Posted by: Loren Coleman on March 20th, 2006
The Malaysian newspaper, The New Strait Times has done a relatively good job of reporting on the "Malaysian Bigfoot" story, avoiding the sandtraps that exist in the usual media coverage you often read on such events.
There has been little use of the "ridicule curtain," that invisible barrier of demeaning coverage that often develops by elitist writers who wish to demonstrate the "masses" don’t know what they are talking about.
But that all changed with Rehman Rashid’s Opinion column on March 20th, "They seek him here, they seek him there…" that you will find in today’s New Strait Times.
Rashid informs us, in part:
The Bigfoot phenomenon reflects a part of the defining human capacity for curiosity and wonder, without which we’d be apes.
The trouble with Bigfoot is that he’s giving cryptozoology a bad name.
It’s ridiculous to presume that every life-form on Earth has been discovered, more so even than to imagine we might be the only form of intelligent life in the Universe. This is the worst kind of arrogance, borne on what we do not know.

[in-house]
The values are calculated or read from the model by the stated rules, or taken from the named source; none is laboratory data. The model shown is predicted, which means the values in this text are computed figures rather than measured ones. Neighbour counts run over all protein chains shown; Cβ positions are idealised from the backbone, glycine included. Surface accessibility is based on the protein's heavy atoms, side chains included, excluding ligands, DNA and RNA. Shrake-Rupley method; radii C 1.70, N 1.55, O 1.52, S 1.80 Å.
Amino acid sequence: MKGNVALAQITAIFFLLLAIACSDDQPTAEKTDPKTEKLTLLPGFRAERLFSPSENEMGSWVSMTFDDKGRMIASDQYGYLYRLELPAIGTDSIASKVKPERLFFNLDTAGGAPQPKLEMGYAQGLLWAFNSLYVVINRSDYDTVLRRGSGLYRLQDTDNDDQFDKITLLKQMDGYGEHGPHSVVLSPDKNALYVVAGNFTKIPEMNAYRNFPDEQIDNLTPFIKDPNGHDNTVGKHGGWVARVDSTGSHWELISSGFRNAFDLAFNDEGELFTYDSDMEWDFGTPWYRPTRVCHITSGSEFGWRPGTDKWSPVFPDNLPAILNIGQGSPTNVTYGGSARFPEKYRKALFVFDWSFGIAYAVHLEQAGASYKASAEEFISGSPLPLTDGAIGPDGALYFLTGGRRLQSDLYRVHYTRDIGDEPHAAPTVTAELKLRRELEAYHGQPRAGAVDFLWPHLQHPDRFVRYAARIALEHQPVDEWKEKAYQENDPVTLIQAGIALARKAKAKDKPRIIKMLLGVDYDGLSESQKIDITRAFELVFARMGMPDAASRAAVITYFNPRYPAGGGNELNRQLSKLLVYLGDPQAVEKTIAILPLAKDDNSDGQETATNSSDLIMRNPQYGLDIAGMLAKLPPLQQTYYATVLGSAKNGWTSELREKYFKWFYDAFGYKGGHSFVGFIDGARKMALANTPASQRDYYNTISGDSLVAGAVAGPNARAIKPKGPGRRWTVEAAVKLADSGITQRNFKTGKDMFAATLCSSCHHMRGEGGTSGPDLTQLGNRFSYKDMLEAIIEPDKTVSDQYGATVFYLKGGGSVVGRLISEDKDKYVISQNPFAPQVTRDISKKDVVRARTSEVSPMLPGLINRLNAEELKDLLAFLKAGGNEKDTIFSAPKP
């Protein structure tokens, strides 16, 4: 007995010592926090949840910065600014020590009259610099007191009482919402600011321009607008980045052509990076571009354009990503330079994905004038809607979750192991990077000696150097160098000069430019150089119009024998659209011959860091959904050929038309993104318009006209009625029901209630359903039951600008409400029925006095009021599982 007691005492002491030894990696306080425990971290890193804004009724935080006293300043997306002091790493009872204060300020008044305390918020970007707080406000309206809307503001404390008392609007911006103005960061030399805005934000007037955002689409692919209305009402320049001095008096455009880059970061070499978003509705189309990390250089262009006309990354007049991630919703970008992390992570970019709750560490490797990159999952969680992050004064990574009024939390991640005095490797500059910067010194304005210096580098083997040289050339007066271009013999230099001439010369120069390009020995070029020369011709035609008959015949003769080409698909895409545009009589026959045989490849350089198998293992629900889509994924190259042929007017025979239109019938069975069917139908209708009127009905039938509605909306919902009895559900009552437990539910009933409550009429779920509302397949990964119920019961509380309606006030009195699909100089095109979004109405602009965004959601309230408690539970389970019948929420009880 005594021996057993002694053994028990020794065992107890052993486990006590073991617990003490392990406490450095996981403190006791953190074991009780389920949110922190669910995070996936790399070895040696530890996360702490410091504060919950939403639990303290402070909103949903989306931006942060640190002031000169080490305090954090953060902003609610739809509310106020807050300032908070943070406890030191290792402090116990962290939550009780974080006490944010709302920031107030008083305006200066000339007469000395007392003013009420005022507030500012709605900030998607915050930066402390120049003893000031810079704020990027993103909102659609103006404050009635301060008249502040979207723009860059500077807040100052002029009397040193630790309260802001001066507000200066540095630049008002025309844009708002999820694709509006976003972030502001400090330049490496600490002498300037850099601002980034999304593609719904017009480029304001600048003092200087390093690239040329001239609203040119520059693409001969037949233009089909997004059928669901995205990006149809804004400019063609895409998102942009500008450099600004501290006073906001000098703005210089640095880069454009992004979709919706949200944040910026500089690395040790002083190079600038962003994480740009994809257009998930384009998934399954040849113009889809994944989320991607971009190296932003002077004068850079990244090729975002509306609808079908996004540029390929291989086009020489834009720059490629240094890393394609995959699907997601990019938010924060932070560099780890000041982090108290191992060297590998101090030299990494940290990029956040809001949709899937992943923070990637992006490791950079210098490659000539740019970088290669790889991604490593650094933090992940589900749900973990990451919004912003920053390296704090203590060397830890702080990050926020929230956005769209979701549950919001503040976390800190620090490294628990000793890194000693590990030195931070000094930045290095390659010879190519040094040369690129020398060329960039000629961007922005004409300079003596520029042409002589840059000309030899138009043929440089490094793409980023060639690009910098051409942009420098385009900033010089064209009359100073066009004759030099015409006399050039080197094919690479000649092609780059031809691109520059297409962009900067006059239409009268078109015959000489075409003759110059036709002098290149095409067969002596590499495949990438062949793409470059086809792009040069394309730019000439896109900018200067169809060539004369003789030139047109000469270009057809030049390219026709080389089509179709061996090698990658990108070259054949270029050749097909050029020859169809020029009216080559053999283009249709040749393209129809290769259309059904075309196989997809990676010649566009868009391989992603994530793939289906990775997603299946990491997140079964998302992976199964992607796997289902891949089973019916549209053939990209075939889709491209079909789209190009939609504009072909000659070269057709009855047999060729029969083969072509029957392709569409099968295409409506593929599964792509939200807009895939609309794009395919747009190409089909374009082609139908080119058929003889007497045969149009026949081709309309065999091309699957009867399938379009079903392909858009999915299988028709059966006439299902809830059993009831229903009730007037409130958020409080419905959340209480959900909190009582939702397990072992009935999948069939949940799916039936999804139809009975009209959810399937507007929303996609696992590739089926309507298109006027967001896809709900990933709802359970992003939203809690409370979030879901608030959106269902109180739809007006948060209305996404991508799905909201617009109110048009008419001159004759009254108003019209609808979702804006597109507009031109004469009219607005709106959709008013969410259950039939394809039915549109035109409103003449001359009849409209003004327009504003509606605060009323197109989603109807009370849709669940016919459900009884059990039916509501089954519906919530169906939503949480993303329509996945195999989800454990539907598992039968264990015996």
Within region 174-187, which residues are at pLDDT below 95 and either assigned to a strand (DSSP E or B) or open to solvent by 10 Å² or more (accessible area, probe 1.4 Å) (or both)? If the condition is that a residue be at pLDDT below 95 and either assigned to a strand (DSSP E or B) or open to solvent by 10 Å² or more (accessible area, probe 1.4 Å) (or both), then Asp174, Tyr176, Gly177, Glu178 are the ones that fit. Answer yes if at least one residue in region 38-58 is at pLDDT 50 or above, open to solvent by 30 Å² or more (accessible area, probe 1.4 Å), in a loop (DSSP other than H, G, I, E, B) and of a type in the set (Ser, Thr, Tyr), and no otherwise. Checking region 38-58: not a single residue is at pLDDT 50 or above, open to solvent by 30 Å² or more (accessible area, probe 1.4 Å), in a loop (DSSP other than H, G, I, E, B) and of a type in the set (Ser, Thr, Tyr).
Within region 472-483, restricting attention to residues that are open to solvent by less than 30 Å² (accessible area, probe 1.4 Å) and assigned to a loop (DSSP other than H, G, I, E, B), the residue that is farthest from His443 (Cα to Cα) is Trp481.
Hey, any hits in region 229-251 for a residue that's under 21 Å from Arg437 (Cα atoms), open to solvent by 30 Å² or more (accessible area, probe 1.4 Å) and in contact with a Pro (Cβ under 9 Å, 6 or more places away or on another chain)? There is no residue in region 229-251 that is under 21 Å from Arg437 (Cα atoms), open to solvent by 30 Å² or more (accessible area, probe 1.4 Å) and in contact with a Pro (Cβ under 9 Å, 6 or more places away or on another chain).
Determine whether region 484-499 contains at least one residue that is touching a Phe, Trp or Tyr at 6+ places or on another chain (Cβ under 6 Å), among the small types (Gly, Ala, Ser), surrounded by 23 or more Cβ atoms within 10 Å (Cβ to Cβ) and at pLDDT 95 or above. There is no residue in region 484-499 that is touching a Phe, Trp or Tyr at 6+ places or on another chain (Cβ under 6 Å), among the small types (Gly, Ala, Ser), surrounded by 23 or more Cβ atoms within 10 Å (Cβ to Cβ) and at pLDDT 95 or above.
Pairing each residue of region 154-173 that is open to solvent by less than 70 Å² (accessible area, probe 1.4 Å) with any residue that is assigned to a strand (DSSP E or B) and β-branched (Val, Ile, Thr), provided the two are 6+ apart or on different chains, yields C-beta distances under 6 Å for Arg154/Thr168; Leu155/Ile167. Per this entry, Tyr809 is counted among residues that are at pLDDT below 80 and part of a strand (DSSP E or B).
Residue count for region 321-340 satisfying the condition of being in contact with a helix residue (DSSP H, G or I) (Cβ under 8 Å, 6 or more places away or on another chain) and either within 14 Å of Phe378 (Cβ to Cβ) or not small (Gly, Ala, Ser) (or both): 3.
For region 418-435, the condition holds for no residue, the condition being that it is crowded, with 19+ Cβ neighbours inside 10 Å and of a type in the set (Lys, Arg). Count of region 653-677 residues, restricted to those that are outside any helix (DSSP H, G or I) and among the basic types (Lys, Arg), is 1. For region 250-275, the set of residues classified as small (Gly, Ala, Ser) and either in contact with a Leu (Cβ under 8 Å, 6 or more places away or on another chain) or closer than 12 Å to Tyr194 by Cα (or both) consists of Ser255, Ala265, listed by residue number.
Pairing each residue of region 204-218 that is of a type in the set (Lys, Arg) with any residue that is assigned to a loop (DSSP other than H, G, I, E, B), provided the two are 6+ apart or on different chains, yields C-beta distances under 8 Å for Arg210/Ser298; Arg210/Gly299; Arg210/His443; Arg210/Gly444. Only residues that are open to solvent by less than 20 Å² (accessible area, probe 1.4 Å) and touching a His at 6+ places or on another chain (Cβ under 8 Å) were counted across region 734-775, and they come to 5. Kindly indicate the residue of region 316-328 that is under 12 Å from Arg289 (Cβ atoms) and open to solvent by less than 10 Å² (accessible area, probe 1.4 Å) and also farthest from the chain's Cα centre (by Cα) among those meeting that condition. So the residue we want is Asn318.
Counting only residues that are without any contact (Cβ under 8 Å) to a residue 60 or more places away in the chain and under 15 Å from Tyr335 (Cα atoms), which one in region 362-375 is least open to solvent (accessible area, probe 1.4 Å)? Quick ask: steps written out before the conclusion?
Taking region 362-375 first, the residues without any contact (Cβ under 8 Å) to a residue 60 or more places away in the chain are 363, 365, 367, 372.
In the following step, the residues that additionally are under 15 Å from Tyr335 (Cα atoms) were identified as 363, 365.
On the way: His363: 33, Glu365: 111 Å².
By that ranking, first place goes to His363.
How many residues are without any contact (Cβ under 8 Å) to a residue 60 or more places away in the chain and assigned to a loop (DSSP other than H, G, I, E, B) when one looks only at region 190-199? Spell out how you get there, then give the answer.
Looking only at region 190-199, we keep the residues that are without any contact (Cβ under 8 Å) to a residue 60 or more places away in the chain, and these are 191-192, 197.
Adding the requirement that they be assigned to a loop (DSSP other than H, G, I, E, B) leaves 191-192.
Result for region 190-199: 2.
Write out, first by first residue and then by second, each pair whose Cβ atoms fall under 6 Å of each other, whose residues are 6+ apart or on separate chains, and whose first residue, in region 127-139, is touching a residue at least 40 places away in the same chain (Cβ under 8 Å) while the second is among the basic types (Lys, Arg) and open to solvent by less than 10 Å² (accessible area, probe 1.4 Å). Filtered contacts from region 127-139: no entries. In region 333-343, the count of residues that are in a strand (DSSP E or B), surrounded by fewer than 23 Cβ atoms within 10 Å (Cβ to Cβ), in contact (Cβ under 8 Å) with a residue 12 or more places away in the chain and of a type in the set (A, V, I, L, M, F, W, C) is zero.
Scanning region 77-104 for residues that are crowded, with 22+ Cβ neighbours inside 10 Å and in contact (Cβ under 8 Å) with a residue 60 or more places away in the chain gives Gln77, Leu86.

But our ignorance of a creature’s existence has no bearing on whether or not it exists, and speculating on unknown fauna — "cryptozoology" — is part of the defining human capacity for curiosity and wonder, without which we’d be apes.
Okay, that’s a good start. This is a well-reasoned opening that Rashid carries forth with examples of the coelacanth and the megamouth, and lost worlds in Laos, populated with two new species of muntjacs, and a Sumatran stream holding a new species of fish.
But he should have stopped while he was ahead. Speaking of the new Sumatran fish discovery as his jumping off point, Rashid proclaims:
That special little event in natural history, however, was hereabouts drowned in the hullabaloo over the Johor Bigfoot, which had reached fever pitch since the reported sighting last November of a huge, hairy, bipedal beast in Kota Tinggi district.
…The size-50 footprints, broken branches and matted vegetation in Johor have so far added no more than a few scrawled lines to the turgid reams of pseudo-science and outright chicanery spawned by this enduring, worldwide and absolutely silly "Bigfoot phenomenon".
Rashid then begins to make several factual errors in his rush to skepticism in this column.